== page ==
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Inflation and Labor Market Flexibility: The Squeaky Wheel Gets the Grease

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  • Ana Maria Loboguerrero
  • Ugo Panizza

Abstract

Inflation can “grease” the wheels of the labor market by relaxing downward wage rigidity but it can also increase uncertainty and have a negative “sand” effect. This paper studies the grease effect of inflation by looking at whether the interaction between inflation and labor market regulations affects how employment responds to changes in output. The results show that in industrial countries with highly regulated labor markets, the grease effect of inflation dominates the sand effect. In the case of developing countries, we rarely find a significant effect of inflation on labor market regulations and provide evidence indicating that this could be due to the presence of a large informal sector and limited enforcement of de jure labor market regulations.

Suggested Citation

  • Ana Maria Loboguerrero & Ugo Panizza, 2003. "Inflation and Labor Market Flexibility: The Squeaky Wheel Gets the Grease," Research Department Publications 4347, Inter-American Development Bank, Research Department.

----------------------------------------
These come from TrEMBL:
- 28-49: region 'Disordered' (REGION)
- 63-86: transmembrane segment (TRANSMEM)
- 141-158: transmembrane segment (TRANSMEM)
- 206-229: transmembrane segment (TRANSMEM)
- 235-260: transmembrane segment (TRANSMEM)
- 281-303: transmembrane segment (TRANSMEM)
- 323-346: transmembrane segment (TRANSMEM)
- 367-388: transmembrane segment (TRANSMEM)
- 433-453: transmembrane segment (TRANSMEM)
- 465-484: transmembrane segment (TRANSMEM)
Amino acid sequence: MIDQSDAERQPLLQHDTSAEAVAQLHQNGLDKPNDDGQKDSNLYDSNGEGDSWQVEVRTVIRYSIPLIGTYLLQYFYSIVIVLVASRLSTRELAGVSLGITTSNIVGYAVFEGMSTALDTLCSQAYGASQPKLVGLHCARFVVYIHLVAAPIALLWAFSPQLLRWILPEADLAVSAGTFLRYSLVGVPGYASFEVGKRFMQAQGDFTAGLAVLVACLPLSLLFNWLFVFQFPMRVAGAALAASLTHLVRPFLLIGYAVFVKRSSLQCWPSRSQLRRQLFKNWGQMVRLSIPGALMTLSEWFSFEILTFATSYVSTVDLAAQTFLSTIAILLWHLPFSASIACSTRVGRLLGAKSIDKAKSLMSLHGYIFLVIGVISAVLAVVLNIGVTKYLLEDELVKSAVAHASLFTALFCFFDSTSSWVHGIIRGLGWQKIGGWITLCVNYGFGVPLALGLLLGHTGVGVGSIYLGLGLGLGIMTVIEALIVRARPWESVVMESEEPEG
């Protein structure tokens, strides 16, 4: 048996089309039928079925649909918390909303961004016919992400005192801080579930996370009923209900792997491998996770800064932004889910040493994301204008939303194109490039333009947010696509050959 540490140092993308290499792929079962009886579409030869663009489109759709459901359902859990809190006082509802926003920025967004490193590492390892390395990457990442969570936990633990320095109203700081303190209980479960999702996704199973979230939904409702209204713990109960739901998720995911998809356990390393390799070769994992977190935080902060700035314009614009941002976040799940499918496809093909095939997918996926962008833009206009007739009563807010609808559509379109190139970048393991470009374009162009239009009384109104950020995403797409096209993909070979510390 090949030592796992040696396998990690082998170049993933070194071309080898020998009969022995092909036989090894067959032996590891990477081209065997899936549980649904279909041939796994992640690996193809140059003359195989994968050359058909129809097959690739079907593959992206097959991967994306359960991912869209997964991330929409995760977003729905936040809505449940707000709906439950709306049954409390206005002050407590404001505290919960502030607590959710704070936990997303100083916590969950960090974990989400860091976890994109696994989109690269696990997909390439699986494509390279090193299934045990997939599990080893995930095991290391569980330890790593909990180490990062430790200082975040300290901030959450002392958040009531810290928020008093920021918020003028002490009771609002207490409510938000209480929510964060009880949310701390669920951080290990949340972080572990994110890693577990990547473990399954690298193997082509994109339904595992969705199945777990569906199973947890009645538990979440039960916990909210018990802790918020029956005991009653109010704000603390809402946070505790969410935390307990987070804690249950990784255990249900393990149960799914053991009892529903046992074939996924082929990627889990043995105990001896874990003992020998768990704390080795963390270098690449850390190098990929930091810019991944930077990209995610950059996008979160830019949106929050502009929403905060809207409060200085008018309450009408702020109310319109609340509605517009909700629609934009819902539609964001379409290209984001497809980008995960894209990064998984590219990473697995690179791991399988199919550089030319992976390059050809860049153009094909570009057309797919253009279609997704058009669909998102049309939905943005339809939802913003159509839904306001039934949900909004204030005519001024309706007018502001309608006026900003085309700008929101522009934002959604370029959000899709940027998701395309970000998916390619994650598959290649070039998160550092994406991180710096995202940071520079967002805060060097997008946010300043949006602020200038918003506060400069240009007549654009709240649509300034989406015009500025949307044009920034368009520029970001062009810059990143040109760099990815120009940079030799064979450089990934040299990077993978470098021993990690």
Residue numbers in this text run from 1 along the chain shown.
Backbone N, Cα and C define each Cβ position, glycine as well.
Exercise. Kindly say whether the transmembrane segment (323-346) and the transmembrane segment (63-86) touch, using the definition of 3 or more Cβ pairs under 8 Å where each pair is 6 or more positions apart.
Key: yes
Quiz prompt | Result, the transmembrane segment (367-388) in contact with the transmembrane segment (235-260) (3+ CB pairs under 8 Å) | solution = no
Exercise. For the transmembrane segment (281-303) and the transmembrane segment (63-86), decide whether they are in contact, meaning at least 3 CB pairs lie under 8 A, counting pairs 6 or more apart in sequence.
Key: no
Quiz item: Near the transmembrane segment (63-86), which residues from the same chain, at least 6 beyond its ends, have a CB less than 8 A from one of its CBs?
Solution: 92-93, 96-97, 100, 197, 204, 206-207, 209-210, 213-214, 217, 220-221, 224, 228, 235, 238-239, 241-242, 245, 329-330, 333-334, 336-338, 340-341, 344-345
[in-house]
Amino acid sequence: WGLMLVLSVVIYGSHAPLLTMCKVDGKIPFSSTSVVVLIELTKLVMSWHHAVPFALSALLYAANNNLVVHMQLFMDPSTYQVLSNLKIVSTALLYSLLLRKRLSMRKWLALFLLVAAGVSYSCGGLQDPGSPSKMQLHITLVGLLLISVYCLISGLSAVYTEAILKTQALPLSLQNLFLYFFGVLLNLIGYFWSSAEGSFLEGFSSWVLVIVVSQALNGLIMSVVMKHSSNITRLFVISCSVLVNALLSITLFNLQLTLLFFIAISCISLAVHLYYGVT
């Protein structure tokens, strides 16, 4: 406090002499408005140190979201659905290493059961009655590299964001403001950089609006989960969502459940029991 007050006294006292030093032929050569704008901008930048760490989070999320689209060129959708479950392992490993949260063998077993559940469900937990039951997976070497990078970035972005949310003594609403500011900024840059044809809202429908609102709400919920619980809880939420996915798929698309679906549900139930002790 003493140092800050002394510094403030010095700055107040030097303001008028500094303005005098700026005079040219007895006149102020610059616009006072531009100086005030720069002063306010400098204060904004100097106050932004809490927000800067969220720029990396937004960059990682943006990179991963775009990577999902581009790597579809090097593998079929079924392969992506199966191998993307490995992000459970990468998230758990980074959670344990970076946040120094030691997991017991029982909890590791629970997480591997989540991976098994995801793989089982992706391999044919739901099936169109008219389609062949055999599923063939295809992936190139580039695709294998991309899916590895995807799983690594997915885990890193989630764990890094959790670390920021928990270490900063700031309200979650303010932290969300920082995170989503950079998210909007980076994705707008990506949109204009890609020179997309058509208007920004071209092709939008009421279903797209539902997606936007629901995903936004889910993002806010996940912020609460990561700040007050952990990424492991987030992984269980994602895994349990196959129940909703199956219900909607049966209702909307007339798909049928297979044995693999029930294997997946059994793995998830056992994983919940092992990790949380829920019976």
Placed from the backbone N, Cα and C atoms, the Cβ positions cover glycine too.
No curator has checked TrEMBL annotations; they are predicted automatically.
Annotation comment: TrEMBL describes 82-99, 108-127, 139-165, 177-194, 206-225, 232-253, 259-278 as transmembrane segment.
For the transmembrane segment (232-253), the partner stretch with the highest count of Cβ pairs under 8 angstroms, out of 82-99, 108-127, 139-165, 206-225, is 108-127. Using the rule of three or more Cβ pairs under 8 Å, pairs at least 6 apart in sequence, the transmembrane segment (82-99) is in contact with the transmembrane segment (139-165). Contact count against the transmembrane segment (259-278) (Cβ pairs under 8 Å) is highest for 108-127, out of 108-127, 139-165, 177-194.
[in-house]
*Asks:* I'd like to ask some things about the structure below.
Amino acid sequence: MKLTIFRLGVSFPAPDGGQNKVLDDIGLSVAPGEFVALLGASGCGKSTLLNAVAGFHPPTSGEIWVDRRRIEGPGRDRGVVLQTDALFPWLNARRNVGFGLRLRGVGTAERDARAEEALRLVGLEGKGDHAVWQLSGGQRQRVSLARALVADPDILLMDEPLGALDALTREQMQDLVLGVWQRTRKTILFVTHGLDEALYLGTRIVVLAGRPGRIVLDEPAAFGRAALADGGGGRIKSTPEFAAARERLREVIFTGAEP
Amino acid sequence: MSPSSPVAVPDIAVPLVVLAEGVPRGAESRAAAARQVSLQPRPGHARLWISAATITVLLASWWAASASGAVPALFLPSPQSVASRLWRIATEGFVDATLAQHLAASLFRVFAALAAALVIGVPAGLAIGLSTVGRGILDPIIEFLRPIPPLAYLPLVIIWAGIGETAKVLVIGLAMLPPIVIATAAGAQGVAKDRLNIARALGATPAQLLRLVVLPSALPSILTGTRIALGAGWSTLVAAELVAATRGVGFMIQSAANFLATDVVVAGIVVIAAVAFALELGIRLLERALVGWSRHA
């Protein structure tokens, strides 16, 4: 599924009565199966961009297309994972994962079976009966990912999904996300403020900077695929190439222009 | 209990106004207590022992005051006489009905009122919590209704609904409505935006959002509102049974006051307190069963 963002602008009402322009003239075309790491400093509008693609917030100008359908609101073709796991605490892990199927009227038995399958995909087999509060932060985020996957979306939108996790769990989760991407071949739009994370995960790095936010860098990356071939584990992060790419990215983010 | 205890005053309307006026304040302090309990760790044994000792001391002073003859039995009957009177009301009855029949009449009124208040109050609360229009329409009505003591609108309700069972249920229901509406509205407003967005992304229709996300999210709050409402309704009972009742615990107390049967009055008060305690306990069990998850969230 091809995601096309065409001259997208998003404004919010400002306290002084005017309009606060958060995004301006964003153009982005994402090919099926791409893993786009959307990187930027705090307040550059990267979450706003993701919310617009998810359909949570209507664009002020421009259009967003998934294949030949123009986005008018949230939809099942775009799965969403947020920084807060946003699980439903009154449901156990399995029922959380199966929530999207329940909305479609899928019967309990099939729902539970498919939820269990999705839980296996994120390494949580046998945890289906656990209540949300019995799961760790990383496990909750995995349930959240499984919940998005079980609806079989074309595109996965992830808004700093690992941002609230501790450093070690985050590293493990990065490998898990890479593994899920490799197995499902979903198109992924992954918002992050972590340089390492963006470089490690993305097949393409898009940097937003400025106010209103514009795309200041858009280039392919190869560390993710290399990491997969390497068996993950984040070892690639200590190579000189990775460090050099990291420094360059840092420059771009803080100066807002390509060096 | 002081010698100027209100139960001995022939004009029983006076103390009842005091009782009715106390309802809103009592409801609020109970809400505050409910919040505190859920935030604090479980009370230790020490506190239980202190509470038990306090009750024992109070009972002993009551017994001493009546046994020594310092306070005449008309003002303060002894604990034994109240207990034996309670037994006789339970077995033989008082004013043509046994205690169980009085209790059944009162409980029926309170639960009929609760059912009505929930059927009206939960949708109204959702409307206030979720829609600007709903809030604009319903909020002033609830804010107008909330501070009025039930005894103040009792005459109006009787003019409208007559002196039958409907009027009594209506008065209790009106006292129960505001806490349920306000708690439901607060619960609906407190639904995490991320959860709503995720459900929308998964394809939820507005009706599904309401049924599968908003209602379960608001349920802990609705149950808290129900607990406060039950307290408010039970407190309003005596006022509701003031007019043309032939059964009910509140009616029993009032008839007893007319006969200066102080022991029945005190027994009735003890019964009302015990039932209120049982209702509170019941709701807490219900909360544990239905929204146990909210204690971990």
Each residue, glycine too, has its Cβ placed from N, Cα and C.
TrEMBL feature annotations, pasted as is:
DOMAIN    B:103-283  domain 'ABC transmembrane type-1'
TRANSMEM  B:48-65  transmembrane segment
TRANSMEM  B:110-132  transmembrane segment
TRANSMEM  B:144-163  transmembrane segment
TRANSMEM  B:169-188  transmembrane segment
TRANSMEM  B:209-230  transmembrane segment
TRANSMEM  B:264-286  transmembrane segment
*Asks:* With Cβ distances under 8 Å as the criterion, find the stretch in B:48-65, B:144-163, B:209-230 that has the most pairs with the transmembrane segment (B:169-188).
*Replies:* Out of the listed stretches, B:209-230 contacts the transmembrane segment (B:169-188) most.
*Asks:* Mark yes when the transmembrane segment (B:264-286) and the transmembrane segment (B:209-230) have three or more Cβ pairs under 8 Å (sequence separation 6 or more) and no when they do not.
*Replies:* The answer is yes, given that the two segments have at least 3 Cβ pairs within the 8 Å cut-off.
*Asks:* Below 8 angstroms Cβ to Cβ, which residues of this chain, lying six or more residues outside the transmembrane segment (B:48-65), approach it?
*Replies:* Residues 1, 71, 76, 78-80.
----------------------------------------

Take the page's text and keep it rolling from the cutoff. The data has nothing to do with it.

• Handle: RePEc:idb:wpaper:4347
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    More about this item

    JEL classification:

    • E24 - Macroeconomics and Monetary Economics - - Consumption, Saving, Production, Employment, and Investment - - - Employment; Unemployment; Wages; Intergenerational Income Distribution; Aggregate Human Capital; Aggregate Labor Productivity
    • E31 - Macroeconomics and Monetary Economics - - Prices, Business Fluctuations, and Cycles - - - Price Level; Inflation; Deflation
    • E52 - Macroeconomics and Monetary Economics - - Monetary Policy, Central Banking, and the Supply of Money and Credit - - - Monetary Policy

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